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Silica sand mine study requested by state agencies

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Silica sand
Stockpiles of silica sand are piled at Modern Transport Rail loading terminal in Winona, Minn on Feb. 13, 2012. State agencies are calling for a broader and more detailed environmental study on two proposed silica sand mines in Winona County.
AP Photo/The Winona Daily News, Andrew Link

Two state agencies are calling for a broader and more detailed environmental study on two proposed silica sand mines in Winona County.

The recommendation comes as some legislators are considering the possibility of a statewide study of the potential environmental and health effects of the booming industry.

Two Winona County landowners are applying for permits to mine silica sand. While silica sand is used in many industrial applications, demand has recently skyrocketed because it is essential in the process of hydraulic fracturing, or "fracking," that produces oil and gas.

Both of the proposed mines would be operated by Minnesota Sand, a company closely related to several other firms that are planning other mines and a processing facility in the area. The Winona County Board is expected to decide in early March whether to require further study.

That proliferation of mines raises a red flag for both the Minnesota Pollution Control Agency and the Minnesota Department of Health. Both agencies told Winona County's planning and environmental services department that they think the county's brief environmental review, called an Environmental Assessment Worksheet, or EAW, is not enough to fully assess possible impacts.

MPCA Commissioner John Linc Stine said the mines, together with the processing facility, are connected actions that automatically require a bigger study, called an Environmental Impact Statement.

"We believe that meets the definition for connected, phased actions, and that it would be prudent to just do an EIS on the whole thing so the total scope of that mining activity, processing activity and hauling activity can be reviewed at once," Stine said.

Mineral mining
A pillar showing layers of different minerals towers over a drilling machine in the mine. Silica sand has many applications, including being used in the process of extracting oil and natural gas through hydraulic fracturing, or "fracking." Sand mining has become big business in recent years and mining companies are looking to expand their properties. Some landowners are considering the option of selling or leasing their land to big companies who want to explore the area's natural resources and alternative forms of energy.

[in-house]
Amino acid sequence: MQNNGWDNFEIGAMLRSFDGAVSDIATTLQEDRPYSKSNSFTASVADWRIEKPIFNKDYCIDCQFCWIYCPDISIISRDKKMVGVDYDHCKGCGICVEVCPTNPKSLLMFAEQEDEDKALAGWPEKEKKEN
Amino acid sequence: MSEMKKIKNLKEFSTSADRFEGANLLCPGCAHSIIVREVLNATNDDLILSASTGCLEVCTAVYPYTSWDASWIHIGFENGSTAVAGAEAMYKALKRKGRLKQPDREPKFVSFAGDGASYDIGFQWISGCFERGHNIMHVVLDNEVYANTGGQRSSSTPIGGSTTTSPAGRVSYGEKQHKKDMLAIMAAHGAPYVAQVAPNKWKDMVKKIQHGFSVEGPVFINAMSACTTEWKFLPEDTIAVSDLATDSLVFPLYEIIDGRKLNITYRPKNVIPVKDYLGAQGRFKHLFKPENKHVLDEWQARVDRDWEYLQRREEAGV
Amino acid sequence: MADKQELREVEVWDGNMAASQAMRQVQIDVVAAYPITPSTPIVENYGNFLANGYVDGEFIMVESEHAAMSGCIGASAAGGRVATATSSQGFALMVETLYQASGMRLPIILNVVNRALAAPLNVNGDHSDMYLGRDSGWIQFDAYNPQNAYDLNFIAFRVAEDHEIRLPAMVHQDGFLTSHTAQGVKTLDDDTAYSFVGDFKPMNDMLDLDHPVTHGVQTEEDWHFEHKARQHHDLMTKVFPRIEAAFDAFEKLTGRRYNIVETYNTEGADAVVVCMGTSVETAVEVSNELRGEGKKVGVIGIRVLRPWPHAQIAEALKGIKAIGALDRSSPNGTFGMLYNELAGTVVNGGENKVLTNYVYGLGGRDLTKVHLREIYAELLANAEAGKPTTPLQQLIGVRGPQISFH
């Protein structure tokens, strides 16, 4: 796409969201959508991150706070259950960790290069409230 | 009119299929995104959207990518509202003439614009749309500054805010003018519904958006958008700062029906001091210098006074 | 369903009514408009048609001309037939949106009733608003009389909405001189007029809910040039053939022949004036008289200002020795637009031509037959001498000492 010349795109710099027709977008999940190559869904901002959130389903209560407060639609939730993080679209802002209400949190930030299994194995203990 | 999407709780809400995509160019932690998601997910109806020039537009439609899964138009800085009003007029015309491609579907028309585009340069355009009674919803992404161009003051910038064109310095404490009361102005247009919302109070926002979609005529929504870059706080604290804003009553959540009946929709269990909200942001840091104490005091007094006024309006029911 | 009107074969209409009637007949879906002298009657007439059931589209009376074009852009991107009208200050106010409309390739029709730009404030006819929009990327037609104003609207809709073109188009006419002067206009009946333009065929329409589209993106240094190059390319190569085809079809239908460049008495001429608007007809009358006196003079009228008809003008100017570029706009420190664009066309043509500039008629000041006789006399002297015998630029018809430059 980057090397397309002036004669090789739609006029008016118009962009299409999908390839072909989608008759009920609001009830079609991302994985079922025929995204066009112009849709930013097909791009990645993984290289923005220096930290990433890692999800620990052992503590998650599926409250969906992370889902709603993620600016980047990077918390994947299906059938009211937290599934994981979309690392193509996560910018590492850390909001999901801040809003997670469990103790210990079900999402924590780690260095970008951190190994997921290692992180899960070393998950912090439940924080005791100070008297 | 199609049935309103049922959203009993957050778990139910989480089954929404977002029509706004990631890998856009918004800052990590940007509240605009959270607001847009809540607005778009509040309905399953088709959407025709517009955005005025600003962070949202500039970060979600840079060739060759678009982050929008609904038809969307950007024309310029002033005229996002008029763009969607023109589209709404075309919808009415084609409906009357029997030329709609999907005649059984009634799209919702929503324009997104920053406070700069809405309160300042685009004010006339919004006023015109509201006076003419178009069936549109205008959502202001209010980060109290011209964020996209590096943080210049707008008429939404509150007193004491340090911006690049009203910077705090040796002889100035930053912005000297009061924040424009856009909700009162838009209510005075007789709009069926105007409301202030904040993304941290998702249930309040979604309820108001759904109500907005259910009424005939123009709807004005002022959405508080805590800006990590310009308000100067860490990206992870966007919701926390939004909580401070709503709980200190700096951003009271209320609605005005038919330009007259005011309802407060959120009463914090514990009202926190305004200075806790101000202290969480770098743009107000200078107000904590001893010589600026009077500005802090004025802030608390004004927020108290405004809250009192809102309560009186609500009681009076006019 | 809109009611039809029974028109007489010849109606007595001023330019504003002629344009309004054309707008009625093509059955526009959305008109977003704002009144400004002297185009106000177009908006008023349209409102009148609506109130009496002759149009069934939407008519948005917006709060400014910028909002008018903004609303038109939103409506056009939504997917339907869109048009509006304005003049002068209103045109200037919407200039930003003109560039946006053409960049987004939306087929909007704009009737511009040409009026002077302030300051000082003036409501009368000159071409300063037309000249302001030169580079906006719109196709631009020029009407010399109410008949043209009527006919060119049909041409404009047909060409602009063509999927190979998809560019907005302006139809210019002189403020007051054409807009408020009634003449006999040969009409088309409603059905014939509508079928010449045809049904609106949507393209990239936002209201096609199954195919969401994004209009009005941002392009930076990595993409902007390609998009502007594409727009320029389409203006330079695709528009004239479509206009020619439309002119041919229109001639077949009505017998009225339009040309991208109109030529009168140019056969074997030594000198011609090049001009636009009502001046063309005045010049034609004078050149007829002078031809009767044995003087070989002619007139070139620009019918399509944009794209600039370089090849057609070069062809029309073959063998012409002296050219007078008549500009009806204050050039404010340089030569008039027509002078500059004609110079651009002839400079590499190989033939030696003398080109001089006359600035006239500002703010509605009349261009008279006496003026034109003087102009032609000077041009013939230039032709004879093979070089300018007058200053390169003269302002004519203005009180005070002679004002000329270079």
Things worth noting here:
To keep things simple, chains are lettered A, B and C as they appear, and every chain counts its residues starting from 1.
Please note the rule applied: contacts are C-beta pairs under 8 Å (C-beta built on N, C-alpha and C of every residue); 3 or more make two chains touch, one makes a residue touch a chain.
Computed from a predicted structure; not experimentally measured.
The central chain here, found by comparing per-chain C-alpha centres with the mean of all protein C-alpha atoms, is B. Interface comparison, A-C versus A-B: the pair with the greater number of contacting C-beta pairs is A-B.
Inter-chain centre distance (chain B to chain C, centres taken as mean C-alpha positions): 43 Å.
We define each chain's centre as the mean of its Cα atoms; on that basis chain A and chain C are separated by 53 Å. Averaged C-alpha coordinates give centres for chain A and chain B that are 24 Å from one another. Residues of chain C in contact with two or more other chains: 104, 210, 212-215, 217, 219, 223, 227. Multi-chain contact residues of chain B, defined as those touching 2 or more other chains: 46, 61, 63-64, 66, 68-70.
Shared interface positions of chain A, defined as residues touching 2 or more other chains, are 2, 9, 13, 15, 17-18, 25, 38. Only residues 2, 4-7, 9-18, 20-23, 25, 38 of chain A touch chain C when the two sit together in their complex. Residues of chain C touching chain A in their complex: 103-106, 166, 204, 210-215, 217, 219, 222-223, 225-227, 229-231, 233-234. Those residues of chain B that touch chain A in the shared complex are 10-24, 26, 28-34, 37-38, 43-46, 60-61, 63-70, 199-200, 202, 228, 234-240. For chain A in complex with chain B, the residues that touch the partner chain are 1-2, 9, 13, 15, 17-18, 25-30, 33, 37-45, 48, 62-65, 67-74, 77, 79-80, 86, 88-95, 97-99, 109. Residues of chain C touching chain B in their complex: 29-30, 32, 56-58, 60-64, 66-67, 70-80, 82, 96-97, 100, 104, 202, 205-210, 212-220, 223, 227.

Special for MPR/Alex Kolyer

The MPCA and the Health Department said the existing study does not provide enough information about how much dust the mines would create, how the mines would protect workers and nearby sensitive populations from possible health impacts from silica dust, and whether pollutants might seep into groundwater and drinking water aquifers in the porous soils of the region.

Silica sand mining is also a hot topic at the Legislature this year. Gov. Mark Dayton has indicated he wants to address the questions it raises. Some legislators are considering bills that would require the state to conduct a generic environmental impact statement on the entire industry, with or without a moratorium on new projects.

Republican Rep. Steve Drazkowski of Mazeppa represents parts of several counties in the region. He said   he is not familiar with the details of these projects, but he attended a meeting last week in which he said the governor and commissioners promised not to try to shut down the industry.

"I'm actually very surprised if indeed they're going to put forward an EIS, which is a huge undertaking and expense which can cripple the ability of these projects to move forward," Drazkowski said.

He said local governments have imposed moratoriums and used that time to create effective rules to deal with an industry that is moving on a scale they haven't confronted before. 

Drazkowski also said the industry and government should work together to design best management practices for the mines.

The Senate Environment Committee will take up proposed legislation later this month.